For some organisations, re-writing communications in plain English may seem like eating Brussels sprouts. We know on one level it’s a good thing to do, but is it really worth the effort?
Translating communications into plain English for public consumption has been an accepted practice in the government and private sectors for decades. Many organisations also often invest in professional editors and graphic designers to help them prepare stunning annual reports to enhance their organisational image.
But what about internal communications like policies and procedures? When it comes to getting the job done right, plain language is critical. Yet many of these documents are still written in complex and bureaucratic language typical of the 1980s.
To find out whether it’s worth having your policies and procedures simplified into plain English, here are three simple steps you can take.
Step 1. Find out how often your team members refer to current policies and procedures
Observe team members in action, particularly those new to the job. Do they seek a written document or videoed instructions to follow? Do they automatically ask another team member for help? Or do they dive straight in and do the task their own way without consideration to company policy or procedure?
Alternatively, you can simply ask your team members how often they refer to the policies or procedures. Be prepared for the response, ‘I didn’t know we had a procedure’ or ‘I just ask someone.’
If a common response is to ask a team member, instruct team members to keep a log of how much time they spend answering queries that could be covered in a procedure document or video.
Step 2. Test two versions of the same procedure
A simple and effective activity to test how well the procedure works is to create two procedures for the same task and road test them. One procedure will be the existing procedure, the other will be a plain English version of the same procedure, preferably prepared by an expert plain English writer.
Divide activity participants into two groups with two to three participants in each group. Group A will use the plain English procedure while Group B will use the existing procedure.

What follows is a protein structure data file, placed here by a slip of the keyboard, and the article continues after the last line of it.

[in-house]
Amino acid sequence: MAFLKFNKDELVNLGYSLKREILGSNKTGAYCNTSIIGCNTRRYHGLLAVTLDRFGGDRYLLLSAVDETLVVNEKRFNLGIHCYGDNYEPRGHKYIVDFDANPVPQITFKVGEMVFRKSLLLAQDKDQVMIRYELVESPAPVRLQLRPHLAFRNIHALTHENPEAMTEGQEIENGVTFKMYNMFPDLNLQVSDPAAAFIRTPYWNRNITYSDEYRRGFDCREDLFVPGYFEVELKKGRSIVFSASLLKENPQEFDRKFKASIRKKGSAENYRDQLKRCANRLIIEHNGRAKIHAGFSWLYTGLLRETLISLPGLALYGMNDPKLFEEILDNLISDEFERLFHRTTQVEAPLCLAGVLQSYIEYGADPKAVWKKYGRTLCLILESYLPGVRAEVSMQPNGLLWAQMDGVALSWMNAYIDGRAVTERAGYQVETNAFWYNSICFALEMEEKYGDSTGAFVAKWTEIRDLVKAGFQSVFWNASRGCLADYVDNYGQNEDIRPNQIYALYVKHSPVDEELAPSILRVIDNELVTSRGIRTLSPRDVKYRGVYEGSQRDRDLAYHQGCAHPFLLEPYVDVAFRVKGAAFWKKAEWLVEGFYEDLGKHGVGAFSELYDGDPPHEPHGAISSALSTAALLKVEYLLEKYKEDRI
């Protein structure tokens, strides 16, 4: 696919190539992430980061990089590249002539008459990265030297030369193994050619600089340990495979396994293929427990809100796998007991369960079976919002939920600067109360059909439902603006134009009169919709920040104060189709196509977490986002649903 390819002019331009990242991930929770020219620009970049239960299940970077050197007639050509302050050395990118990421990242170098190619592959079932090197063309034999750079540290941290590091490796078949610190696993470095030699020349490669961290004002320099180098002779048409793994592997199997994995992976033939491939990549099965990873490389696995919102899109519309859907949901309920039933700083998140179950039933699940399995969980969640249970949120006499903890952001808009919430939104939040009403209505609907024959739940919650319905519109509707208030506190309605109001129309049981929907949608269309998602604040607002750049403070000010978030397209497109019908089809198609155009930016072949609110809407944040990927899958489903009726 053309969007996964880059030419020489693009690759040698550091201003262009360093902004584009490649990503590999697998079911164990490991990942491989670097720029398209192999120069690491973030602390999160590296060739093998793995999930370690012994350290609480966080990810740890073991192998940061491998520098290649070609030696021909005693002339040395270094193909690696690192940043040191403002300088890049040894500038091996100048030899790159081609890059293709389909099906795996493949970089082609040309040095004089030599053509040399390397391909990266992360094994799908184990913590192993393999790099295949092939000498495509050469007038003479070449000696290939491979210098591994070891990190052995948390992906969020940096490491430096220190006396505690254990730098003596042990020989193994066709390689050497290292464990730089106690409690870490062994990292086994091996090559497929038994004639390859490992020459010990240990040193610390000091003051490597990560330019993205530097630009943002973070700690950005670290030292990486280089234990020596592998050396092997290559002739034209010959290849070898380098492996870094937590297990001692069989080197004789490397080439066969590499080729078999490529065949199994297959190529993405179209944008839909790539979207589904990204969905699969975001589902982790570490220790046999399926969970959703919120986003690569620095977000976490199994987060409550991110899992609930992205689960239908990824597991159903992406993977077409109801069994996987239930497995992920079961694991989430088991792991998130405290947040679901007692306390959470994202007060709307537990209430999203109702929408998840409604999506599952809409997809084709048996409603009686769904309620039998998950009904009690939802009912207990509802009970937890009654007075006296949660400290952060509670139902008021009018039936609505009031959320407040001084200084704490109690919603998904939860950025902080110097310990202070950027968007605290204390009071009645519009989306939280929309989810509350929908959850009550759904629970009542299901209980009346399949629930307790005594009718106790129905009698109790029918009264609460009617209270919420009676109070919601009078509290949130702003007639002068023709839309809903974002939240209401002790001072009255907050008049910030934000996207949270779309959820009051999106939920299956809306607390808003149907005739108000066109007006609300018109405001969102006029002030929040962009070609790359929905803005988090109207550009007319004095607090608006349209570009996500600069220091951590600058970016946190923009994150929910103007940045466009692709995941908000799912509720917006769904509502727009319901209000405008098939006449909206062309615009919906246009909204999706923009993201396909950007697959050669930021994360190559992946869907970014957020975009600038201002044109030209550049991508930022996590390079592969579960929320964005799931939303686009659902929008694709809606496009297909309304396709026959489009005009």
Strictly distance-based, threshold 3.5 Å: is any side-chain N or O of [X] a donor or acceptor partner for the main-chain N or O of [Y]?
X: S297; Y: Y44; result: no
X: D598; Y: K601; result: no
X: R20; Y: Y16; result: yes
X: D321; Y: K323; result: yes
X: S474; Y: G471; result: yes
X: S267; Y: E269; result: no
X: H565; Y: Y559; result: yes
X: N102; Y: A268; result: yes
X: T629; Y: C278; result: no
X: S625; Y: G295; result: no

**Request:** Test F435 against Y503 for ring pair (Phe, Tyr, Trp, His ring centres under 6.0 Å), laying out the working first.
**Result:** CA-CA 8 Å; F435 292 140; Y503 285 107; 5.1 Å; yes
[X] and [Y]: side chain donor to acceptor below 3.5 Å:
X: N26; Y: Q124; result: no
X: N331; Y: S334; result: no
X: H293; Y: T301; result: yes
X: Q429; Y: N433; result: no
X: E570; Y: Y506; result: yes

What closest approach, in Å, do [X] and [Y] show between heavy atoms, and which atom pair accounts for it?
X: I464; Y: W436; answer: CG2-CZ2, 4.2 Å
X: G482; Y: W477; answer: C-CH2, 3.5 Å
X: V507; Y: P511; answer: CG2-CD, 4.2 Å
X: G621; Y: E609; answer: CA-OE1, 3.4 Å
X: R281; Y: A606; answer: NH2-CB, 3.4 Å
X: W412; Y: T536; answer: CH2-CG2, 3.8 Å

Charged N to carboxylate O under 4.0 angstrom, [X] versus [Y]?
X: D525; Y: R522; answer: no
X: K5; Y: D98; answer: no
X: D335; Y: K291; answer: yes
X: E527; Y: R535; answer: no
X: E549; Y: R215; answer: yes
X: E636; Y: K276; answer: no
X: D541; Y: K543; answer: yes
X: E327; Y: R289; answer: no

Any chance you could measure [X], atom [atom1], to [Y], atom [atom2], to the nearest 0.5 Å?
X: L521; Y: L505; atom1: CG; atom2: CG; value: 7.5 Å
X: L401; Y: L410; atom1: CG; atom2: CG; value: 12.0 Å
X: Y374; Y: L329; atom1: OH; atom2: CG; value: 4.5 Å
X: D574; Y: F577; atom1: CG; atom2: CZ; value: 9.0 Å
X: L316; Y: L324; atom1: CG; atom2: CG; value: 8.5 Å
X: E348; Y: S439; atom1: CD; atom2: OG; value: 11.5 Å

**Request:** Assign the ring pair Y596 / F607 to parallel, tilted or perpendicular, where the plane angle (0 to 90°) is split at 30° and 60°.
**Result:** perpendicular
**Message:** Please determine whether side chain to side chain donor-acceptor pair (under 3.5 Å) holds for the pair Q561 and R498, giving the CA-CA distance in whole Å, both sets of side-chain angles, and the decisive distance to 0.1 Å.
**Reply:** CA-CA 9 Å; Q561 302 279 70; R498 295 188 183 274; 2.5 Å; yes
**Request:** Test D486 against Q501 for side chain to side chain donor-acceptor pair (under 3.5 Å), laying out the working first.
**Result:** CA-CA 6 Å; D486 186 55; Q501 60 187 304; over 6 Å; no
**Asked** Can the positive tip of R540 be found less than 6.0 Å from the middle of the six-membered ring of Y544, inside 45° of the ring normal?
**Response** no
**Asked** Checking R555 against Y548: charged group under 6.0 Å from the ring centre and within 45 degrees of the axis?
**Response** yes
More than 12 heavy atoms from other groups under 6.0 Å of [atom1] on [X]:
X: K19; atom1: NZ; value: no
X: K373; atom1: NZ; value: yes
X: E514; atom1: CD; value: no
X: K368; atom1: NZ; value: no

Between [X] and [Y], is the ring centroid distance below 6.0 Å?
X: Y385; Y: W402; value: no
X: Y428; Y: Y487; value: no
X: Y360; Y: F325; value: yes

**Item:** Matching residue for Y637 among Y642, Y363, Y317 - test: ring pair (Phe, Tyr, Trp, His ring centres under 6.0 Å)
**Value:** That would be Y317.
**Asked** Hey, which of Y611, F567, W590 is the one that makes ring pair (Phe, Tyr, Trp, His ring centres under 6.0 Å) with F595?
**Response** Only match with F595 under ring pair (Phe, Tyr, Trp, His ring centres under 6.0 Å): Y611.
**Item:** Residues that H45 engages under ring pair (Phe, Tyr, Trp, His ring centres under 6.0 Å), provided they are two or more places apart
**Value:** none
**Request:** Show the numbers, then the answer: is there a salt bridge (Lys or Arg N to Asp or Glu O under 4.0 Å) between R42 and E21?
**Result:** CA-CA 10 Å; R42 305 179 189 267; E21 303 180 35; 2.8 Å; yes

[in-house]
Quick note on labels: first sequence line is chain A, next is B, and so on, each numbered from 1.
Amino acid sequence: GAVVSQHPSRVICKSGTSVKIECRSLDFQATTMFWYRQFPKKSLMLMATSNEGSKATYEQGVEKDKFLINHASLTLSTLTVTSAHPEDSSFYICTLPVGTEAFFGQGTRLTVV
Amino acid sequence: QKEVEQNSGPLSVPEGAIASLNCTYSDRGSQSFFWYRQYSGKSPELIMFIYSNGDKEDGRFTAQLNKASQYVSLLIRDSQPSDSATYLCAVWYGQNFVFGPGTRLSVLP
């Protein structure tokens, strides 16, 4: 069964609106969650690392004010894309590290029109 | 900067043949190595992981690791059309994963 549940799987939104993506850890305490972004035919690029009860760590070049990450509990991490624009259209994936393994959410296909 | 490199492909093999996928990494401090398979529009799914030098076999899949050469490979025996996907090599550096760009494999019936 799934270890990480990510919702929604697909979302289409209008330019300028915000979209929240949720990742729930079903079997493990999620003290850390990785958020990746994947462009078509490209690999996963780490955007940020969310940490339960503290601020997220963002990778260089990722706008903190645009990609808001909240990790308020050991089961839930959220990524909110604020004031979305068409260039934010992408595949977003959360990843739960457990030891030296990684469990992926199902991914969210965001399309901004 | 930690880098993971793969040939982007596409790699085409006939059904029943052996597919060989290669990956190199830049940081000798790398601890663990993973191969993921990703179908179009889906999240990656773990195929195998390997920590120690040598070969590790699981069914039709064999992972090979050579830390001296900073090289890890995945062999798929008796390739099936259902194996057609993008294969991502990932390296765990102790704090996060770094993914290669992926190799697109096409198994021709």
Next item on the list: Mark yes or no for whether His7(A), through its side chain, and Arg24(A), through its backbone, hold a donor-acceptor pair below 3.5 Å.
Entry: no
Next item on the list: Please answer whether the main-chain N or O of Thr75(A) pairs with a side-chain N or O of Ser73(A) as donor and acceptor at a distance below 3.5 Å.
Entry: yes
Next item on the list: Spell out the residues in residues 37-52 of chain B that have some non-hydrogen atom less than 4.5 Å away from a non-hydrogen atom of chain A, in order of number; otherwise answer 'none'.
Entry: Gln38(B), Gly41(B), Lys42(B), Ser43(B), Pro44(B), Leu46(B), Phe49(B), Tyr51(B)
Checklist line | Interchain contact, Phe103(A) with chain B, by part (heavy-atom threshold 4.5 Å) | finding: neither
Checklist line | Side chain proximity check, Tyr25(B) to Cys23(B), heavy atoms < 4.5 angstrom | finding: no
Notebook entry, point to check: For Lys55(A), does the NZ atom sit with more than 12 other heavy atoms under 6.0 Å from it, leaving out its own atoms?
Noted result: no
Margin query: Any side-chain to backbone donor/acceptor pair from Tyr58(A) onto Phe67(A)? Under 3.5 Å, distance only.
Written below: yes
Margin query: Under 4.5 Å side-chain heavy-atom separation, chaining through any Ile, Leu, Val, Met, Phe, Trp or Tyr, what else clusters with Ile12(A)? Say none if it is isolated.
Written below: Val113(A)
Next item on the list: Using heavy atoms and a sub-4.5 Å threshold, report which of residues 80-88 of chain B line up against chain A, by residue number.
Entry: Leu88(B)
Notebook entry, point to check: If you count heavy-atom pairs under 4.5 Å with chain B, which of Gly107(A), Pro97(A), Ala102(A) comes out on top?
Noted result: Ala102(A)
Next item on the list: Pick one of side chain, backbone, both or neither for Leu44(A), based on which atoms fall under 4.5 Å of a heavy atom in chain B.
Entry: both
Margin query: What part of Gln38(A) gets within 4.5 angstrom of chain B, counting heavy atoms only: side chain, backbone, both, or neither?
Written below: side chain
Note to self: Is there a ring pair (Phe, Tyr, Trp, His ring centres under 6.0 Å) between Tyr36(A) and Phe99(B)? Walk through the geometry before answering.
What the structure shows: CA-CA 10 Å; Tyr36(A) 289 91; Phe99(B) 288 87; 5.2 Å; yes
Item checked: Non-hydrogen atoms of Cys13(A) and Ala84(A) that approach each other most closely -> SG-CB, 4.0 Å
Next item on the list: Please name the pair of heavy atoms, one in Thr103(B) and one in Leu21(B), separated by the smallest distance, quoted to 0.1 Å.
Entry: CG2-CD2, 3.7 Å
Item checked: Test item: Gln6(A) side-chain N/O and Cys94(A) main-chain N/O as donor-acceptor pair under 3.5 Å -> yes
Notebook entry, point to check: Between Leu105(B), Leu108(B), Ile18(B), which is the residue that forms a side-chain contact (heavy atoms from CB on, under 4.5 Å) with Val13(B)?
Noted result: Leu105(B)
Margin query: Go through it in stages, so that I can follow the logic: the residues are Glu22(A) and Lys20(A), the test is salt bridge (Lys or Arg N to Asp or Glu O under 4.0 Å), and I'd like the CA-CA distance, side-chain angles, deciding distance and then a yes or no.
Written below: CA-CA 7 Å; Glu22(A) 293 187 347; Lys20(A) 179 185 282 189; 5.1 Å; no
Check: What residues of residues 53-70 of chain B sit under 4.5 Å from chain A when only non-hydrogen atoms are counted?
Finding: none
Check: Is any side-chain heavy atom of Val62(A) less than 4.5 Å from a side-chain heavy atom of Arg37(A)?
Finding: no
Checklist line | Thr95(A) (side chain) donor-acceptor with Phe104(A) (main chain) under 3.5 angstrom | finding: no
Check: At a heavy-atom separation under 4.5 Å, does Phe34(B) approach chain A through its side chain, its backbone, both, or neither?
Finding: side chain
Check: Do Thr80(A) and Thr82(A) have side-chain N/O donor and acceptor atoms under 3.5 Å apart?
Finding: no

For this experiment, ideally co-opt new participants from another team, as existing team members will have experience they can draw on and are likely to be familiar with the format of the existing procedures.
Step 3. Measure outcomes
Although effectiveness of a written communication can be difficult to measure, there are a couple of quick and simple tests you can do.
1. Test how long it takes for Group A and Group B to read their procedure.
Before the two groups attempt to apply the procedure, ask them to read and understand the procedure. Each group must begin reading at the same time. Participants are not allowed to discuss the procedure with each other or ask questions. Use a stop watch to time how long it takes for each group to read and understand their procedure.
Typically, we find that the plain English group reads the procedure in at least half the time of the non-plain English group. They also gain a greater understanding of what is required.
This immediate time saving will allow team members more time to complete other tasks, thereby increasing their overall efficiency.
2. Test participants’ understanding of the procedure
Instruct participants to carry out the procedure and time themselves. Once each participant has completed all the steps in the procedure, review each participant’s work. How many errors did each group make? Did participants within the same group make the same errors? Did Group A and Group B make the same or similar errors or were the errors different? Which group took longer to complete the procedure?
Discuss the errors with team members to try and establish why the errors occurred. A common issue is that the user misunderstood the instruction because it wasn’t clear, or a critical step was missing in the procedure document which caused the user to make an incorrect assumption.
Although your internal communications may not generally be visible to the public in the same way brochures and website copy is, there are many positive flow-on effects from adopting a plain English approach to internal communications. These include ensuring your compliance obligations are clearly documented, enhanced reputation through more efficient work practices and greater rigorousness and transparency of your internal processes.